Opinion

The key to wrestling COVID-19 to the ground is for governments to go on the offensive and directly attack the virus through aggressive testing and contact tracing, the World Health Organization said Monday. For provinces such as Manitoba, that means ramping up testing to identify cases, isolating infected people and testing contacts who are showing symptoms.

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This article was published 23/3/2020 (788 days ago), so information in it may no longer be current.

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The key to wrestling COVID-19 to the ground is for governments to go on the offensive and directly attack the virus through aggressive testing and contact tracing, the World Health Organization said Monday. For provinces such as Manitoba, that means ramping up testing to identify cases, isolating infected people and testing contacts who are showing symptoms.

Social distancing, including shutting down businesses and demanding people stay home, is a critical part of a comprehensive plan to fight the disease, but on its own, it won’t bring an end to the pandemic, WHO officials say. Physical distancing is a temporary measure designed to slow the spread of the disease and reduce the chances of hospitals being overwhelmed. It helps "flatten the curve", but social distancing is a defensive measure; it allows us to stay away from the virus. It doesn’t bring the pandemic to a conclusion. What will is going on the offensive.

"Asking people to stay at home and other physical-distancing measures are an important way of slowing down the spread of the virus and buying time – but they are defensive measures," Dr. Tedros Adhanom Ghebreyesus, the WHO’s director general, said Monday. "To win, we need to attack the virus with aggressive and targeted tactics: testing every suspected case, isolating and caring for every confirmed case, and tracing and quarantining every close contact."

WHO Director General Tedros Adhanom Ghebreyesus says we need to attack the virus with aggressive and targeted tactics. (Salvatore Di Nolfi / Keystone flies)

WHO Director General Tedros Adhanom Ghebreyesus says we need to attack the virus with aggressive and targeted tactics. (Salvatore Di Nolfi / Keystone flies)

Countries which have done so have seen success, he said.

That’s not a new message from the WHO. They’ve said it repeatedly. But as more countries – including Canada – adopt unprecedented social-distancing measures, the WHO says it’s time to step up offensive efforts and fight back directly against the virus.

That means far more testing, isolating sick people and tracking down their contacts. It means seeking out the virus instead of just avoiding it. The problem is that all regions face limited testing capacity. Like much of the world, Manitoba would love to test more, but doesn’t have the lab capacity. It has ramped up testing volumes in recent weeks, but it hit a backlog over the weekend (which it hopes to clear up over the next few days).

That limited lab capacity is causing confusion among some. Many with symptoms who don’t meet the international travel (and other) criteria can’t understand why they’re being refused a test. It’s understandable, but the province has to prioritize testing. In an effort to find out where the virus is, they have to test where it's most likely to be.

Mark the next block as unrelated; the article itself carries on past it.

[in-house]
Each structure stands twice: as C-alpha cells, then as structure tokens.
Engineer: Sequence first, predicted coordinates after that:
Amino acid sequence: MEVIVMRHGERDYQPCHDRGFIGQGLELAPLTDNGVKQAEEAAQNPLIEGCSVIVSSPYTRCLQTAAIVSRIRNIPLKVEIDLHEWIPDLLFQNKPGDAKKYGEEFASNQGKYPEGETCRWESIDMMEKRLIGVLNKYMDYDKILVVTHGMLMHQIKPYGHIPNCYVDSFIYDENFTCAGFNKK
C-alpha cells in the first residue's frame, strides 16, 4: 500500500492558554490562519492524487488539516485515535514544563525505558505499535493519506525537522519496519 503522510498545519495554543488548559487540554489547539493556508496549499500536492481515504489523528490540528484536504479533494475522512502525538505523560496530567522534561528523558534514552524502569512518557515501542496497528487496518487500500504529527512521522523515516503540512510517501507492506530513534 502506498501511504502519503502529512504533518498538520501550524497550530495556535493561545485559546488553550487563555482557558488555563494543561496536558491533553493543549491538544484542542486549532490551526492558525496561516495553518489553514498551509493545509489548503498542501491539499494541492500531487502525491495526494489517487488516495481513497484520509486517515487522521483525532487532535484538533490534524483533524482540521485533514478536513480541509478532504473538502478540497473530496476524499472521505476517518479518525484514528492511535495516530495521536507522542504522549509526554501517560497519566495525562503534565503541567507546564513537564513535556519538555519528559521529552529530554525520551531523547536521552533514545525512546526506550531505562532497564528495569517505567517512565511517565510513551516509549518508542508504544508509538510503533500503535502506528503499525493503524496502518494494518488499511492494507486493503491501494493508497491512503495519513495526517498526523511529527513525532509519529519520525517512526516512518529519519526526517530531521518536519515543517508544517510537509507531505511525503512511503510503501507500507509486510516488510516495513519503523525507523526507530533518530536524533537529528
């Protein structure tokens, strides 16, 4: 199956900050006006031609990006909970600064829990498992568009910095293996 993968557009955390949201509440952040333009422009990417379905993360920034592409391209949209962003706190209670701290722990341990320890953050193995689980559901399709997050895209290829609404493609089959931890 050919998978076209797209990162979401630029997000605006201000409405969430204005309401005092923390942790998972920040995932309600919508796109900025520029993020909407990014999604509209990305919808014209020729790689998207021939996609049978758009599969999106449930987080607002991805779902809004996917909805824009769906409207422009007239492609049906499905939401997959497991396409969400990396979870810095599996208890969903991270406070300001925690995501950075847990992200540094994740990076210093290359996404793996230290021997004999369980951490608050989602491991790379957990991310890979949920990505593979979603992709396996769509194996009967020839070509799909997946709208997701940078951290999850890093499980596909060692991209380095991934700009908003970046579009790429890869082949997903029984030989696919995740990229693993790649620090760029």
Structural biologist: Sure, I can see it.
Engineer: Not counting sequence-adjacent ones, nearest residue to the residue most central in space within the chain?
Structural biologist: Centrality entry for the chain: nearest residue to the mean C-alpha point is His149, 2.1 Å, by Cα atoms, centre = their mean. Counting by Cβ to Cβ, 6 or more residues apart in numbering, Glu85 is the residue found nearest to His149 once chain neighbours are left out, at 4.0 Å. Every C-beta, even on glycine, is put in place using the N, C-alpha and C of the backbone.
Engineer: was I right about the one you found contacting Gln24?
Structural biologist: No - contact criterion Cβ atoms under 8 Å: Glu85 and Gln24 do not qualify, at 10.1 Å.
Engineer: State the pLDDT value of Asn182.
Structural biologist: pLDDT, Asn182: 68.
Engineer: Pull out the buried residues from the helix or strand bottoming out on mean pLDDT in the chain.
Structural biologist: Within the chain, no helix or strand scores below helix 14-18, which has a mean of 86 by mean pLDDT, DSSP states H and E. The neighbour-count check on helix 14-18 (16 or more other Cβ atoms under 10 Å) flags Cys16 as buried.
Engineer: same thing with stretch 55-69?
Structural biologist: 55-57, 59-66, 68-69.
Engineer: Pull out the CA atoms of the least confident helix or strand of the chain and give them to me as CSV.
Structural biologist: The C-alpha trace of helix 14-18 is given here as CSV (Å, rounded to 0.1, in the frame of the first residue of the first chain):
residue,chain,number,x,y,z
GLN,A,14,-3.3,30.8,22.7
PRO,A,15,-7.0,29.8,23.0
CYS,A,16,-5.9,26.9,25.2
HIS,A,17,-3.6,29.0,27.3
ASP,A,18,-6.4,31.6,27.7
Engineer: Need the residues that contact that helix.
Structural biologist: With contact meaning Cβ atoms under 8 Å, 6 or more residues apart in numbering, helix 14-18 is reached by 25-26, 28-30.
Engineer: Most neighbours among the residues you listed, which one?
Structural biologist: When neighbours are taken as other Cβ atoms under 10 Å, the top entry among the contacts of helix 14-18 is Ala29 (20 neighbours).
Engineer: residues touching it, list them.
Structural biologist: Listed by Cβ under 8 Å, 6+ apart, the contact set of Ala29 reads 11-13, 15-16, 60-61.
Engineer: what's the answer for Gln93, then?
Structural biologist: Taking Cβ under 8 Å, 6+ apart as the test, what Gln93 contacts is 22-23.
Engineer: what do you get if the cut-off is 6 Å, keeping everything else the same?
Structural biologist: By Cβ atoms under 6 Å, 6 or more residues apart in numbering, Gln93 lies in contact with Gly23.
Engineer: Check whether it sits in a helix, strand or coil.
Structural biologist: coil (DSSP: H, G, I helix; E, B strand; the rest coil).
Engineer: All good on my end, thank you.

Manitoba isn’t alone. The WHO strongly urges all governments to test those at highest risk first.

So far, Manitoba has done about 4,300 tests. Only 20 have returned positive. It may not seem like a lot of testing, but considering the virus was identified Jan. 7 and the genome sequence was shared with the WHO and the world on Jan. 12, the rate of testing that has since taken place worldwide for a new virus is remarkable, according to the WHO.

"I don’t think any of us have ever seen the speed at which testing has been developed for a novel pathogen," said Dr. Maria Van Kerkhove of the WHO. "Of course we always need more testing, of course we always need more labs, but that’s the case for every pathogen, especially an emerging pathogen."

A limited lab capacity is causing confusion among some, including people who who don’t meet the international travel criteria and can’t understand why they’re being refused a test. (Denis Balibouse / Keystone files)

A limited lab capacity is causing confusion among some, including people who who don’t meet the international travel criteria and can’t understand why they’re being refused a test. (Denis Balibouse / Keystone files)

The challenge for all governments now is to increase lab production and increase the volume of testing further, so we’re not fighting the virus "blindfolded," said Van Kerkhove.

It’s all the more reason individuals have to do their part by staying home, practising social distancing, not hanging around in groups (even outside) and taking all the precautions our public officials have been preaching for weeks. If we don’t, health officials won’t be able to ramp up testing fast enough to keep up with the spread. We’ll rely too much on a defensive strategy and not enough on an offensive one.

We need to go on the offensive. We need to go after this thing head-on. Everyone has to do their part to make that happen. We have the technology, the know-how and the resources. What public health officials don’t have is time. Manitobans can give them that time by staying home.

Tom Brodbeck

Tom Brodbeck
Columnist

Tom has been covering Manitoba politics since the early 1990s and joined the Winnipeg Free Press news team in 2019.